But, instead of viewing the PfMP certification as the goal, plan to take it as a journey. If you find that you don’t have the requisite experience, how can you position yourself by taking volunteer roles to gain the experience?
Career development should be a joint responsibility between you and your manager. You should express the desire and develop the knowledge to grow your experience in certain areas, and your manager can work to open up opportunities to help you practice your knowledge.
Work on delivering strategic initiatives, driving change and providing innovation consistently and reliably. It’s not experimenting, but actually delivering—first on a smaller scale, then on a larger scale.
For portfolio managers, for example, you may start by managing the portfolio of a department or product, then move to an entire business unit, segment or product line, and finally on to an enterprise level.
There are three key areas to grow the depth and breadth of your experience:
1. Strategic alignment: Go beyond understanding the strategy and proactively work to translate that strategy into specific initiatives. This can be done by defining the business cases, developing multi-year roadmaps or translating high-level concepts into specific projects that will deliver the result, benefit or transformation promised.
2. Benefits realization: This starts with validating the business case and ownership of the benefits, and is typically realized three to six months after the project/program delivery via operational budget savings, reductions or reallocations. Few organizations realize the benefits because they are often too optimistic in the upfront business case and fail to follow through by ensuring that operational budgets reflect the promised savings or headcount efficiencies.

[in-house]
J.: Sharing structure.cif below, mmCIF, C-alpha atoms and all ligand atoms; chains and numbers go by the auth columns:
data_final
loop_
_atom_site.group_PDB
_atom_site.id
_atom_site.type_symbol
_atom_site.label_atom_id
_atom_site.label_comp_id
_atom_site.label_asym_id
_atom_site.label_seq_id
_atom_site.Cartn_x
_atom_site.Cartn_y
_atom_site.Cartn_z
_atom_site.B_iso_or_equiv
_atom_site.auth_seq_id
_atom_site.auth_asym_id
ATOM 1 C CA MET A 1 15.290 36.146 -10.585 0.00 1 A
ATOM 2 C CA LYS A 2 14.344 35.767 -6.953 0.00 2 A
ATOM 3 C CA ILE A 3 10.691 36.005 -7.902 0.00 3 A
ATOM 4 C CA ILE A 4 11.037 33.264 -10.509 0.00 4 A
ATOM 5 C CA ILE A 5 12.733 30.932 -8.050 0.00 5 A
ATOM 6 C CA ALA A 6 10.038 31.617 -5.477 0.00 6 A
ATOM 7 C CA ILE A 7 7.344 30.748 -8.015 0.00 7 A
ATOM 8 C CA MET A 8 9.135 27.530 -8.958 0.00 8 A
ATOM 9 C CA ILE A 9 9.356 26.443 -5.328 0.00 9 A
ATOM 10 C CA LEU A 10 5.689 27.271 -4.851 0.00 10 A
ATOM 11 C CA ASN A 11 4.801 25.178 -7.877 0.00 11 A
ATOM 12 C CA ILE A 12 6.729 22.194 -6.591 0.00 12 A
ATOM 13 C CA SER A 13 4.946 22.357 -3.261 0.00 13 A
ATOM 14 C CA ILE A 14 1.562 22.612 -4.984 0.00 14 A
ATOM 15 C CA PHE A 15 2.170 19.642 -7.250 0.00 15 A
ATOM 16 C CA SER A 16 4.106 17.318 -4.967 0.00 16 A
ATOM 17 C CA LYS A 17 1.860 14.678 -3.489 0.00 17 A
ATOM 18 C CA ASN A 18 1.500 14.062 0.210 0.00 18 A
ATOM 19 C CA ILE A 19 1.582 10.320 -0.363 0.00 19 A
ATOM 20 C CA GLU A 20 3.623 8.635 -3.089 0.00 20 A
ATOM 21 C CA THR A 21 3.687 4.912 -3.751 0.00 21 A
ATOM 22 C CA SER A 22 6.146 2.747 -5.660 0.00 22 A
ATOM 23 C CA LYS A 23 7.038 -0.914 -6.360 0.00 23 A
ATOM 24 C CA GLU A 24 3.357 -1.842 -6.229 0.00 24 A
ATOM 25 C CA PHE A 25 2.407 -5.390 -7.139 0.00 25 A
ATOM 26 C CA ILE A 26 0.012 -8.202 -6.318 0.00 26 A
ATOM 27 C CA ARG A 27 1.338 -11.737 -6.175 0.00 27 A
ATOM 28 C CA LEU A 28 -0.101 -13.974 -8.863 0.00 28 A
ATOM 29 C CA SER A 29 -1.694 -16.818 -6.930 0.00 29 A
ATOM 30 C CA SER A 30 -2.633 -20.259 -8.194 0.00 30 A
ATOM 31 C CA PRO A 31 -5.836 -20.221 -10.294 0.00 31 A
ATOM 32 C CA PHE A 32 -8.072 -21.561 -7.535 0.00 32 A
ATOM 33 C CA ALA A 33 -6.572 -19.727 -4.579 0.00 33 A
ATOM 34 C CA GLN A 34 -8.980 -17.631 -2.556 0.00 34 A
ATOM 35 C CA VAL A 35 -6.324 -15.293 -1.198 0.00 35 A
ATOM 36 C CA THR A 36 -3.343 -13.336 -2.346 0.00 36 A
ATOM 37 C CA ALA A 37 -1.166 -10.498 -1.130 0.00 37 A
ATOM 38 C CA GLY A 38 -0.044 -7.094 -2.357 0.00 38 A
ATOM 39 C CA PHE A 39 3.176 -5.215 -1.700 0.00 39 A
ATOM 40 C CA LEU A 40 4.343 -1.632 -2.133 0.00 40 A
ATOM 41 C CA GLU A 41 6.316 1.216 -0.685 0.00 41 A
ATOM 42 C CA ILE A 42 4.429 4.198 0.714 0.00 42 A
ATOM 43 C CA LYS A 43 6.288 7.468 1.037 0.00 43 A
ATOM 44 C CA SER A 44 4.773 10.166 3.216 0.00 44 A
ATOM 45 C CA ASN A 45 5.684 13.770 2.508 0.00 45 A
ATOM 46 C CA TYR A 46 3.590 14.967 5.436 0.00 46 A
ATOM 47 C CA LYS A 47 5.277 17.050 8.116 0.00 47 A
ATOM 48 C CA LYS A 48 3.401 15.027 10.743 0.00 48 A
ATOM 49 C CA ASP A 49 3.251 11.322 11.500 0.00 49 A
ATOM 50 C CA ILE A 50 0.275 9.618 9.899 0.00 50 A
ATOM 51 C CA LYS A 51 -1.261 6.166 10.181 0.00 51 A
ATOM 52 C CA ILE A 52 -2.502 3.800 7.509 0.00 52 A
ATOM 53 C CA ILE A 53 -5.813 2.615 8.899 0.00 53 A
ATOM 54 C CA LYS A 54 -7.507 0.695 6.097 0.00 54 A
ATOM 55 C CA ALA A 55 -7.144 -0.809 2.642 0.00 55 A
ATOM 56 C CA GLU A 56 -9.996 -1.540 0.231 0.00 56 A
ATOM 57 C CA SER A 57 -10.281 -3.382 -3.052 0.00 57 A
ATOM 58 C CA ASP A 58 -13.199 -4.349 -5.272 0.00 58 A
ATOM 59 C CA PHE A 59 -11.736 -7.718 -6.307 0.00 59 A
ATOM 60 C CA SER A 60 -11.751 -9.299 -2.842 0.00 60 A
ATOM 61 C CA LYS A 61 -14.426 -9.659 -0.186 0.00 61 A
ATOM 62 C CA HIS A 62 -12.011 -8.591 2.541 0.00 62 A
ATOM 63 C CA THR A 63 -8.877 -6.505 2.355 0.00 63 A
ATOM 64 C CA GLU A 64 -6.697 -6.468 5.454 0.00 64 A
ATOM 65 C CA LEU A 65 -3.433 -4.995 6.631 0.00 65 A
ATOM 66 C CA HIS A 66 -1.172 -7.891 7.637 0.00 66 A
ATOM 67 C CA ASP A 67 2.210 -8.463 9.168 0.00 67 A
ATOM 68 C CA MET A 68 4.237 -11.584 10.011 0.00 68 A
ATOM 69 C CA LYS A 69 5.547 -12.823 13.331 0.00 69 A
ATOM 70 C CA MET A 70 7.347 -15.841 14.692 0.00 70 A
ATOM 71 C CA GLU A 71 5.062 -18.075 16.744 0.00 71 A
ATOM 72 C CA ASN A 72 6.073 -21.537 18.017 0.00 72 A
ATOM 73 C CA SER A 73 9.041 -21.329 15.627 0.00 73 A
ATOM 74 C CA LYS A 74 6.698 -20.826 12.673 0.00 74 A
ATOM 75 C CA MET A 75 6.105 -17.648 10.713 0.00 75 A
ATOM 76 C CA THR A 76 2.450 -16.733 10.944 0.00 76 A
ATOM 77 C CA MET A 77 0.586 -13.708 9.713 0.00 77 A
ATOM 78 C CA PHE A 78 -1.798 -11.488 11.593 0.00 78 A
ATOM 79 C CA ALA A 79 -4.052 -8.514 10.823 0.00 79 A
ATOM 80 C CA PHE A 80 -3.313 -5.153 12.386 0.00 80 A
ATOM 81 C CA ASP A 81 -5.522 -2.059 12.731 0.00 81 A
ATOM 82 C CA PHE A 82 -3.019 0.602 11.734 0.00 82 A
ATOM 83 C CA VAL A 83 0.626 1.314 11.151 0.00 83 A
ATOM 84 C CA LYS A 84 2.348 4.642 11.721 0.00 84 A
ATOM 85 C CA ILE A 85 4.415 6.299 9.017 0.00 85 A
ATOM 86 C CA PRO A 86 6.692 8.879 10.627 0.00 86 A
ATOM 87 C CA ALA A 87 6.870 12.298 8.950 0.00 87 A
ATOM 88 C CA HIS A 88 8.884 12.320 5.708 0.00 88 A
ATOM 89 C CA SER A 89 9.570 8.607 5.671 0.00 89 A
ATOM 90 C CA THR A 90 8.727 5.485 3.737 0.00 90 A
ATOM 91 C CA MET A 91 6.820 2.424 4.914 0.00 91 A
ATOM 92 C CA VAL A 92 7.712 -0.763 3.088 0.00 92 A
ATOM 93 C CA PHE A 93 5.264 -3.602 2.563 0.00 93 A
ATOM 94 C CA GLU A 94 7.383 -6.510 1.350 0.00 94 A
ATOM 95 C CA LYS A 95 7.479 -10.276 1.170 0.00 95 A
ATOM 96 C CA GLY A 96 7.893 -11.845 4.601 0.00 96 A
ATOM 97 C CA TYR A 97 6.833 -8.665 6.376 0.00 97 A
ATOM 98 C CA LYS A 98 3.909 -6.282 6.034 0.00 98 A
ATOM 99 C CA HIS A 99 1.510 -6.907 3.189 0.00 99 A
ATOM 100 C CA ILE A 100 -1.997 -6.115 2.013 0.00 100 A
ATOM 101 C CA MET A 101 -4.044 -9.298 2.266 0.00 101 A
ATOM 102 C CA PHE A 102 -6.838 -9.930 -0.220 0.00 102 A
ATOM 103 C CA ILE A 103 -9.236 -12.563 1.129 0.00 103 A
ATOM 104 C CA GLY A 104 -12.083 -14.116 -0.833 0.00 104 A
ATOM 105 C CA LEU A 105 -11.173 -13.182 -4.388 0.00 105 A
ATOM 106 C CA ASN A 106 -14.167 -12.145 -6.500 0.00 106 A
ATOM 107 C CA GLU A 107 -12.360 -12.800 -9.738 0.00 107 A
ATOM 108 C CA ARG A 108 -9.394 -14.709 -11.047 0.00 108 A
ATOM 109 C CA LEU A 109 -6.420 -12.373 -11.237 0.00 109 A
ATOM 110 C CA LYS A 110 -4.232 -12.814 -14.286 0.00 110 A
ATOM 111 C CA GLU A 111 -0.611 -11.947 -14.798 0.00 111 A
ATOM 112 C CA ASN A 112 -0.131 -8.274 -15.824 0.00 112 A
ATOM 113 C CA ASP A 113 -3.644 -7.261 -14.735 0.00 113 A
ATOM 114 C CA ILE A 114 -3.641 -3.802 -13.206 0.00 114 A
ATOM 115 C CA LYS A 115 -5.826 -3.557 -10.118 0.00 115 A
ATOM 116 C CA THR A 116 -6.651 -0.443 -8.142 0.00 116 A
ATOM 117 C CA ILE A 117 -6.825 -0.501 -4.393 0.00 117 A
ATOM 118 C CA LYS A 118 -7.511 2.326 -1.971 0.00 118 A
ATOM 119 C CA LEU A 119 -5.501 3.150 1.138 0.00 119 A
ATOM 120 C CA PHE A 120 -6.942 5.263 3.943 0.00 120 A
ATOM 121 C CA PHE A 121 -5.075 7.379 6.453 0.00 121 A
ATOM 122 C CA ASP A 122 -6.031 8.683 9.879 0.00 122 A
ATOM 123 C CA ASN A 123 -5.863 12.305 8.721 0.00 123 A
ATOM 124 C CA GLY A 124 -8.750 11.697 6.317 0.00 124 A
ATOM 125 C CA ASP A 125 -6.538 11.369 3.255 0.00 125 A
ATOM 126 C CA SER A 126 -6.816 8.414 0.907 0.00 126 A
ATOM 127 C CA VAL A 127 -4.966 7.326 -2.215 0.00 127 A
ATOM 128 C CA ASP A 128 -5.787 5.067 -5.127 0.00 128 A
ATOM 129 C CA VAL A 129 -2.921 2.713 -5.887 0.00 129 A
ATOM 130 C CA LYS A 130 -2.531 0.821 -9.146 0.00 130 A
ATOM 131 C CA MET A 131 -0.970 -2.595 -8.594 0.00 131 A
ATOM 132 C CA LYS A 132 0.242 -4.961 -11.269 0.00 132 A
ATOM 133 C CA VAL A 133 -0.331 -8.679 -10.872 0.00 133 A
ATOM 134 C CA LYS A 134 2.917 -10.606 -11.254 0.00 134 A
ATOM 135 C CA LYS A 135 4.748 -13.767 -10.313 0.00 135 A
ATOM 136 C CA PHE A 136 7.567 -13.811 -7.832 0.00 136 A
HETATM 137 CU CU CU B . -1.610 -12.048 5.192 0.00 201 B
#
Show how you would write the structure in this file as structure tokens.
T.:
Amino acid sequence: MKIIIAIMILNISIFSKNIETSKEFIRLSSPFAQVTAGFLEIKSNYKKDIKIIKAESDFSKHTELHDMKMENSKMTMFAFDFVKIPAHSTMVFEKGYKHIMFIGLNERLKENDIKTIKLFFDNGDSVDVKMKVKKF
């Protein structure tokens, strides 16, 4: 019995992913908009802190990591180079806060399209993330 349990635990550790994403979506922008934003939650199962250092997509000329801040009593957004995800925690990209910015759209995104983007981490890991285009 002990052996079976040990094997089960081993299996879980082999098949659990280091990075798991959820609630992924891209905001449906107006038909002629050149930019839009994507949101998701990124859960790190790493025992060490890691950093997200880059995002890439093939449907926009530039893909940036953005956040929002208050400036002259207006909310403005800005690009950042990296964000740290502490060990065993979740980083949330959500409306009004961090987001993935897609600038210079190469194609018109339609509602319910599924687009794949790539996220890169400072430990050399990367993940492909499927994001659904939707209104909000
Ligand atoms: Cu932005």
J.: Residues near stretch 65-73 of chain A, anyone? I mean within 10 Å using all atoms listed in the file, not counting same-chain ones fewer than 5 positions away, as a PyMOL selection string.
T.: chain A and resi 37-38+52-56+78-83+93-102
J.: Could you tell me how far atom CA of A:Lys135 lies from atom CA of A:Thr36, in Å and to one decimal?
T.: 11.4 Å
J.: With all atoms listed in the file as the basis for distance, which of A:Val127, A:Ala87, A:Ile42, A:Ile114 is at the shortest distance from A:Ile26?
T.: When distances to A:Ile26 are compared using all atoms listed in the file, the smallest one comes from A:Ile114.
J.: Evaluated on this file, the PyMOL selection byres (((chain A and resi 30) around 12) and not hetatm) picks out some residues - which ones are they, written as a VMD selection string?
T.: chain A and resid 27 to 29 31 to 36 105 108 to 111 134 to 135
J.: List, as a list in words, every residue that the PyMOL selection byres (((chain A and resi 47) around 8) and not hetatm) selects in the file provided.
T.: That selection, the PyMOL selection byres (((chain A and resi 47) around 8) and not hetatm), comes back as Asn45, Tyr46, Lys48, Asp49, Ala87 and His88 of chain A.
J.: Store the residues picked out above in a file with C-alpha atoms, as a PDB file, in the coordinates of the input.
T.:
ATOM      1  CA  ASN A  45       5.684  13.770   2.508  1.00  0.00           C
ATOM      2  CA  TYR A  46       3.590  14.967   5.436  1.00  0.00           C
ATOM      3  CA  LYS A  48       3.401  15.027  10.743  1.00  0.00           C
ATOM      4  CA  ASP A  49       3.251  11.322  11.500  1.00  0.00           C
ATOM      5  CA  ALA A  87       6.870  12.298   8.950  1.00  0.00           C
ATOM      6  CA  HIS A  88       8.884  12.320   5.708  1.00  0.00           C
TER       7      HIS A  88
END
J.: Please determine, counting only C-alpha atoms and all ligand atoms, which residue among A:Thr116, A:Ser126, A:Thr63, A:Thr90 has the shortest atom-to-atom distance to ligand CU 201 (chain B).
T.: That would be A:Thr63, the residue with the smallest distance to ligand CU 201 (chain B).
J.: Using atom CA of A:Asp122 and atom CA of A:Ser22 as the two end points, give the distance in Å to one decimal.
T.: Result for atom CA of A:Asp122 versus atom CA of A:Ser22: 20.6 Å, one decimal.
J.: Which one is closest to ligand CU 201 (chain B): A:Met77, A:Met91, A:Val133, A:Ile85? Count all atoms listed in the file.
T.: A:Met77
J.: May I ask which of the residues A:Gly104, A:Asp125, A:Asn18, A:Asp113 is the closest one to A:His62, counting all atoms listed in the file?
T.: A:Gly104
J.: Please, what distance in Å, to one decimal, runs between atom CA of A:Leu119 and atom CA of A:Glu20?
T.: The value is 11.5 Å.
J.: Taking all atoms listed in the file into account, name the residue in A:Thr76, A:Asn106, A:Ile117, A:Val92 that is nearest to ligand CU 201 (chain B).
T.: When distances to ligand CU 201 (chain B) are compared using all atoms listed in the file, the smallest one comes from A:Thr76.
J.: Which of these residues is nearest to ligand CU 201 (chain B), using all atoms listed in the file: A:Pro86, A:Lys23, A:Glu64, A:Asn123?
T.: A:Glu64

3. Project/program delivery: The foundation of portfolio management is good project and program execution to deliver the product, service or result on time, on budget and per the scope. It doesn’t matter if it’s agile, waterfall or hybrid. Although the portfolio manager may not be responsible for the delivery, the delivery affects the portfolio value. Ensuring that the portfolio value is realized means ensuring the project or program was delivered effectively and efficiently regardless of the methodology.
3. Communicate Effectively
Working on the portfolio level means that you’re communicating a vast amount of information—anywhere from 15 to 50 projects and programs—in an actionable way to executives. I’ve had executives tell me, “Don’t tell me what’s going right, tell me what’s going wrong and how to fix it.” Your role is to remember the four “C”s—clear, concise, compelling and credible. Be to the point, tell the story and build trust with a clear plan of action to fix any potential issues proactively.